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-   -   Microsoft opened its source - how about nVidia? (http://www.nvnews.net/vbulletin/showthread.php?t=136160)

beosrbin 07-21-09 01:00 PM

Microsoft opened its source - how about nVidia?
 
http://www.microsoft.com/presspass/f...20LinuxQA.mspx
And more to come: http://www.informationweek.com/news/...leID=218501447

Three things make this announcement huge:
1. Microsoft
2. GPLv2 License
3. Drivers

I hope to see some more software giants (*hint hint*) to do the same thing. :D

Dragoran 07-21-09 01:37 PM

Re: Microsoft opened its source - how about nVidia?
 
How is this related? (not at all)

beosrbin 07-21-09 01:46 PM

Re: Microsoft opened its source - how about nVidia?
 
I'm asking the developers if they will too open the source of the graphics driver.
(It's an nvidia support forum, isn't it?)

Perhaps you're right, maybe it should be transferred to "General Linux"

thefirstm 07-21-09 01:50 PM

Re: Microsoft opened its source - how about nVidia?
 
All M$ released was code to make Linux run faster being virtualized on Windows. Why in the world would anyone want to do that? Why not just run Linux natively on the hardware?

Dragoran 07-21-09 02:06 PM

Re: Microsoft opened its source - how about nVidia?
 
Quote:

Originally Posted by beosrbin (Post 2051591)
I'm asking the developers if they will too open the source of the graphics driver.
(It's an nvidia support forum, isn't it?)

Perhaps you're right, maybe it should be transferred to "General Linux"

They won't in the foreseeable future, also I doubt that the people how read this forums even have the power to decide that.

Dâniel Fraga 07-21-09 06:29 PM

Re: Microsoft opened its source - how about nVidia?
 
Quote:

Originally Posted by Dragoran (Post 2051600)
They won't in the foreseeable future, also I doubt that the people how read this forums even have the power to decide that.

Even if you're right, at least it's good to register this opinion. If AMD/ATI can open the specs, why nVidia can't do the same?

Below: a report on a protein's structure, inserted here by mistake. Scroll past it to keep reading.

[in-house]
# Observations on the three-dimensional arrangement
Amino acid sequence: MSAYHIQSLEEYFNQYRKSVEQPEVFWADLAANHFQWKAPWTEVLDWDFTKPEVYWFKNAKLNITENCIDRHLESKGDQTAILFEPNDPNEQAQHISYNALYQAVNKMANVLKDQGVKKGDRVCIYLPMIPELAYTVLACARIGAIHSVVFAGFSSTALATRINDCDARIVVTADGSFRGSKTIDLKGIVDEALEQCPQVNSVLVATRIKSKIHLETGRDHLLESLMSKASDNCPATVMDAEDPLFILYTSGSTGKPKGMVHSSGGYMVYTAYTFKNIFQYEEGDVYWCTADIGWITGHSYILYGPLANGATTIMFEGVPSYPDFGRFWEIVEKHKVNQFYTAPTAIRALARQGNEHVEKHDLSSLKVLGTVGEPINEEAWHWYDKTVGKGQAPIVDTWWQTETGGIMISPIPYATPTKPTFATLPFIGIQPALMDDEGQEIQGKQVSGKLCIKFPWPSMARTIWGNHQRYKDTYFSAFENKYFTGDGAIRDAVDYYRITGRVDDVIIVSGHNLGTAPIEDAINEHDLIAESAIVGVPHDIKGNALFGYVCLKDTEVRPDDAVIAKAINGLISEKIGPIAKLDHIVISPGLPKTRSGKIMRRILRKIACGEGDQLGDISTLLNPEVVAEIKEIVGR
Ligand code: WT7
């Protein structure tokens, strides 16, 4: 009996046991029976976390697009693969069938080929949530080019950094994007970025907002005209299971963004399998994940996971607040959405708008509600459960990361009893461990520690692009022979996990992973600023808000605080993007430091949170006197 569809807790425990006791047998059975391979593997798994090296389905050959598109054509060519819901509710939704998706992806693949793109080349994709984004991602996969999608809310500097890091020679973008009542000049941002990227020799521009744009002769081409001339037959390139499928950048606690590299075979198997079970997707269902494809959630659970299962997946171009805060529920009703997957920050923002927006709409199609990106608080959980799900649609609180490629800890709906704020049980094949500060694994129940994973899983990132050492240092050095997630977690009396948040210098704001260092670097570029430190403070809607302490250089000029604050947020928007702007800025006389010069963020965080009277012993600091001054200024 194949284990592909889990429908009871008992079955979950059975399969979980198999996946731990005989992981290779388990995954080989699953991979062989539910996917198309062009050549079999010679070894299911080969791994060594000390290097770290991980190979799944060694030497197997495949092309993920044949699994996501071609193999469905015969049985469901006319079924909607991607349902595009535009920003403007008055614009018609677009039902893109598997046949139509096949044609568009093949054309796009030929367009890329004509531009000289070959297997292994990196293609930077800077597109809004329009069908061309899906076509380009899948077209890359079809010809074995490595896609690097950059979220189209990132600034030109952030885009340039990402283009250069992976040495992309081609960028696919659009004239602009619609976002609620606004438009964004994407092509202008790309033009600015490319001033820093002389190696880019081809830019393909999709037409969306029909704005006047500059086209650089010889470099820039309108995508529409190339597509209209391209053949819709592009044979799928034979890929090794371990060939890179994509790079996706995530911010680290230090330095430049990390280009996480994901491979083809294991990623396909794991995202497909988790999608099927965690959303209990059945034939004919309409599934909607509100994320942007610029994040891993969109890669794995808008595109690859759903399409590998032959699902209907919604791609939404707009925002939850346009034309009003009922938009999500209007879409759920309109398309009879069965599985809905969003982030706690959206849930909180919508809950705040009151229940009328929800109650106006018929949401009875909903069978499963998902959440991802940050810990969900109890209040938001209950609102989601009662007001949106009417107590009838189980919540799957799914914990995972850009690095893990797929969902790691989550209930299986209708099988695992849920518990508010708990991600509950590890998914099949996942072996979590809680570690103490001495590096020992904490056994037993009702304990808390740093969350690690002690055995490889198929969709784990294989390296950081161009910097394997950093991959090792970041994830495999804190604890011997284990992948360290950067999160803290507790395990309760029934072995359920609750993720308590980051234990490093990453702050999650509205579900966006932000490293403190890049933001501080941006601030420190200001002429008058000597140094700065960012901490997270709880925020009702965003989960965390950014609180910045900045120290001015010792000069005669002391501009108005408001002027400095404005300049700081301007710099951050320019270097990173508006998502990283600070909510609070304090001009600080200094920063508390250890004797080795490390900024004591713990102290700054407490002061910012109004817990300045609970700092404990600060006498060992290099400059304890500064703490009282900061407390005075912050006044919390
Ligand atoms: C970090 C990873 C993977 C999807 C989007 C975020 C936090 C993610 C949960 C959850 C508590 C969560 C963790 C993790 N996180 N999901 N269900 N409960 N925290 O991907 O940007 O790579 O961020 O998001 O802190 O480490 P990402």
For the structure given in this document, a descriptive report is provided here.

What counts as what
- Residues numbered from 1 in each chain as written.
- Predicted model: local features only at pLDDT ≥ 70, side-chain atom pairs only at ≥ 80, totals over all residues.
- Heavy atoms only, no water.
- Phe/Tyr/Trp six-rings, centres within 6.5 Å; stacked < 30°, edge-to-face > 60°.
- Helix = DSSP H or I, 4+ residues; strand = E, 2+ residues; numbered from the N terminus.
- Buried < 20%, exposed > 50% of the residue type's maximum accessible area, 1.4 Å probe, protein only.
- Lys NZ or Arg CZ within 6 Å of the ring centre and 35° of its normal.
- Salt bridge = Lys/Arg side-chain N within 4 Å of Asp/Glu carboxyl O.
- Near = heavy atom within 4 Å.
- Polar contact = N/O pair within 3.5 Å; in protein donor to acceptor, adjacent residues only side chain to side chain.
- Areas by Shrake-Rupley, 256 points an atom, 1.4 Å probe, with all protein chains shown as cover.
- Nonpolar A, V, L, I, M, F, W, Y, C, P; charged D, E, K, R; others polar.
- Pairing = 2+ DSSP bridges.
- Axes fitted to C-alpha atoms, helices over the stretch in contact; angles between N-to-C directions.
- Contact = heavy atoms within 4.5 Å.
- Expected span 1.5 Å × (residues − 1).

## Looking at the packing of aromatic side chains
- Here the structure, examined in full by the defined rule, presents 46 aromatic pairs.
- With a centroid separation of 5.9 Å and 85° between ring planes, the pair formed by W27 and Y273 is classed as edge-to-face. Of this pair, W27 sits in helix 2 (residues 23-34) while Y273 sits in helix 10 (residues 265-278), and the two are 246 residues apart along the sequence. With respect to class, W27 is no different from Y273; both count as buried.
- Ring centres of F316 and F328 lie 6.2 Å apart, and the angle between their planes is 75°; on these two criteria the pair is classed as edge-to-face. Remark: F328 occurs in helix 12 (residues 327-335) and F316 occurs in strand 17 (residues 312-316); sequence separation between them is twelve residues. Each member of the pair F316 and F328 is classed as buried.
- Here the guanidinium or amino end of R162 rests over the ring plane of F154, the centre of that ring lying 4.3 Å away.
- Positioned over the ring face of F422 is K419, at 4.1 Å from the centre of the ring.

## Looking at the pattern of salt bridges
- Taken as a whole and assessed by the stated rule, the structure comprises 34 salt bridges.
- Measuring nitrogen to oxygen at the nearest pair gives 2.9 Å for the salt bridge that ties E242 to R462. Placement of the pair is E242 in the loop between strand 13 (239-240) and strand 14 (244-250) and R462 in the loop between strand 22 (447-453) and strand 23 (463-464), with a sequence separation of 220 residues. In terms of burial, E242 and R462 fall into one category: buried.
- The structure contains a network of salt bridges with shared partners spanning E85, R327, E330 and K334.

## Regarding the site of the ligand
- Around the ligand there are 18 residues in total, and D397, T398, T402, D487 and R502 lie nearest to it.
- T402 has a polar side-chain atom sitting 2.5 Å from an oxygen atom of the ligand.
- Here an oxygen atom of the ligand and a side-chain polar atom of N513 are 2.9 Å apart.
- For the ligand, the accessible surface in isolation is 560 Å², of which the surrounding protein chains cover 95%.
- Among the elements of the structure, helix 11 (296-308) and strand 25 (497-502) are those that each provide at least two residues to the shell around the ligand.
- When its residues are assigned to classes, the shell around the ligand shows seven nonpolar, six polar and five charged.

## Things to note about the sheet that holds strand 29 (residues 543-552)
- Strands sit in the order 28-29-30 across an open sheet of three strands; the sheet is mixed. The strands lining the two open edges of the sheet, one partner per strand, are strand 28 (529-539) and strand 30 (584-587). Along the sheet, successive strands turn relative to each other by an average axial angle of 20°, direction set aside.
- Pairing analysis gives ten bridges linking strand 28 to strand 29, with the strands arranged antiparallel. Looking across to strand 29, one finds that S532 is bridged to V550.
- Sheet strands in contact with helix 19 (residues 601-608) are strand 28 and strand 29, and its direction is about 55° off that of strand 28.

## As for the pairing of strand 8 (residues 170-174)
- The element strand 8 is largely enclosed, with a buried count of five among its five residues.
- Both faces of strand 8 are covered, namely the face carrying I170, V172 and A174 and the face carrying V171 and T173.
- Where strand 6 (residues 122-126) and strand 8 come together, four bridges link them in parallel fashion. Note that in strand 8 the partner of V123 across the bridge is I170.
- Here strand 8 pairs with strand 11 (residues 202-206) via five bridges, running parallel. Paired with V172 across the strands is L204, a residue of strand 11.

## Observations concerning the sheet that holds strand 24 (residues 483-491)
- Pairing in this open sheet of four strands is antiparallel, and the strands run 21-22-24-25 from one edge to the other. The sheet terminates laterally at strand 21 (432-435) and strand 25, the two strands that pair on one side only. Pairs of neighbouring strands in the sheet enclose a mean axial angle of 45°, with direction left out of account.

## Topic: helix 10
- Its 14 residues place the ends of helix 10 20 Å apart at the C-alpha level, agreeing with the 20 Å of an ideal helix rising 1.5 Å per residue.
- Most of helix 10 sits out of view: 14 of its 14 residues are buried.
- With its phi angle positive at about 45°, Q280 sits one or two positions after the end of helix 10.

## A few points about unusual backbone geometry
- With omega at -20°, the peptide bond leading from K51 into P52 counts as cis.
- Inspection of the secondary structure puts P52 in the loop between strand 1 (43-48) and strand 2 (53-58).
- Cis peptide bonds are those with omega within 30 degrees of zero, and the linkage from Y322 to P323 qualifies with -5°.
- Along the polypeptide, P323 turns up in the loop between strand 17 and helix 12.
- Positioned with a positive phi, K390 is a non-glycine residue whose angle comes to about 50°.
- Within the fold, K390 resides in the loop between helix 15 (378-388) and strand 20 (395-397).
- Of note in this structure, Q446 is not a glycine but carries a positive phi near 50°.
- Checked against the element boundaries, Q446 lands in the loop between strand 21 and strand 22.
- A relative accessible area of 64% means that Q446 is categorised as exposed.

Dizzle7677 07-21-09 07:39 PM

Re: Microsoft opened its source - how about nVidia?
 
How Microsoft made open source selfish
http://tech.blorge.com/Structure:%20...ource-selfish/

dougdeep 07-21-09 10:56 PM

Re: Microsoft opened its source - how about nVidia?
 
Quote:

Originally Posted by thefirstm (Post 2051592)
All M$ released was code to make Linux run faster being virtualized on Windows. Why in the world would anyone want to do that? Why not just run Linux natively on the hardware?

For any of the hundred reasons any one would want to virtualize anything. There's tons of excellent reasons to run virtual machines. I'll leave it for anyone to Google the reasons. Can you run 10 instances of Linux on a single x86 machine without virtualization?

Linux runs particularly well as a virtual machine, and Microsoft is trying to push some of their own virtualization products. Thus the release of Linux drivers to improve the performance of a Linux VM running on a Microsoft hypervisor.

Microsoft didn't really make any noteworthy open source moves here. They needed to release drivers for Linux, and the only way to get them in the kernel tree is to give them a compatible license (GPL). So that leads me back to the original argument, if Microsoft can release GPL drivers without a binary blob, why can't NVidia? I'm willing to bet that locked in Nvidia's binary blob is some intellectual property that they do not have exclusive rights to give up, even if they wanted.

eborn 07-22-09 05:55 AM

Re: Microsoft opened its source - how about nVidia?
 
Microsoft's open-source drivers won't do a thing without their Windows operating system. In a way, Windows is their 'binary blob'.

thefirstm 07-22-09 11:29 AM

Re: Microsoft opened its source - how about nVidia?
 
Quote:

Originally Posted by dougdeep (Post 2051995)
For any of the hundred reasons any one would want to virtualize anything. There's tons of excellent reasons to run virtual machines. I'll leave it for anyone to Google the reasons. Can you run 10 instances of Linux on a single x86 machine without virtualization?

Linux runs particularly well as a virtual machine, and Microsoft is trying to push some of their own virtualization products. Thus the release of Linux drivers to improve the performance of a Linux VM running on a Microsoft hypervisor.

Microsoft didn't really make any noteworthy open source moves here. They needed to release drivers for Linux, and the only way to get them in the kernel tree is to give them a compatible license (GPL). So that leads me back to the original argument, if Microsoft can release GPL drivers without a binary blob, why can't NVidia? I'm willing to bet that locked in Nvidia's binary blob is some intellectual property that they do not have exclusive rights to give up, even if they wanted.

How about KVM, VMWare, VirtualBox, or one of the other x86(_64) virtualization products that run natively on Linux? You do not need Windows for virtualization.

Dizzle7677 10-07-09 11:46 AM

Re: Microsoft opened its source - how about nVidia?
 
"Microsoft opened its source"

Fat Chance.


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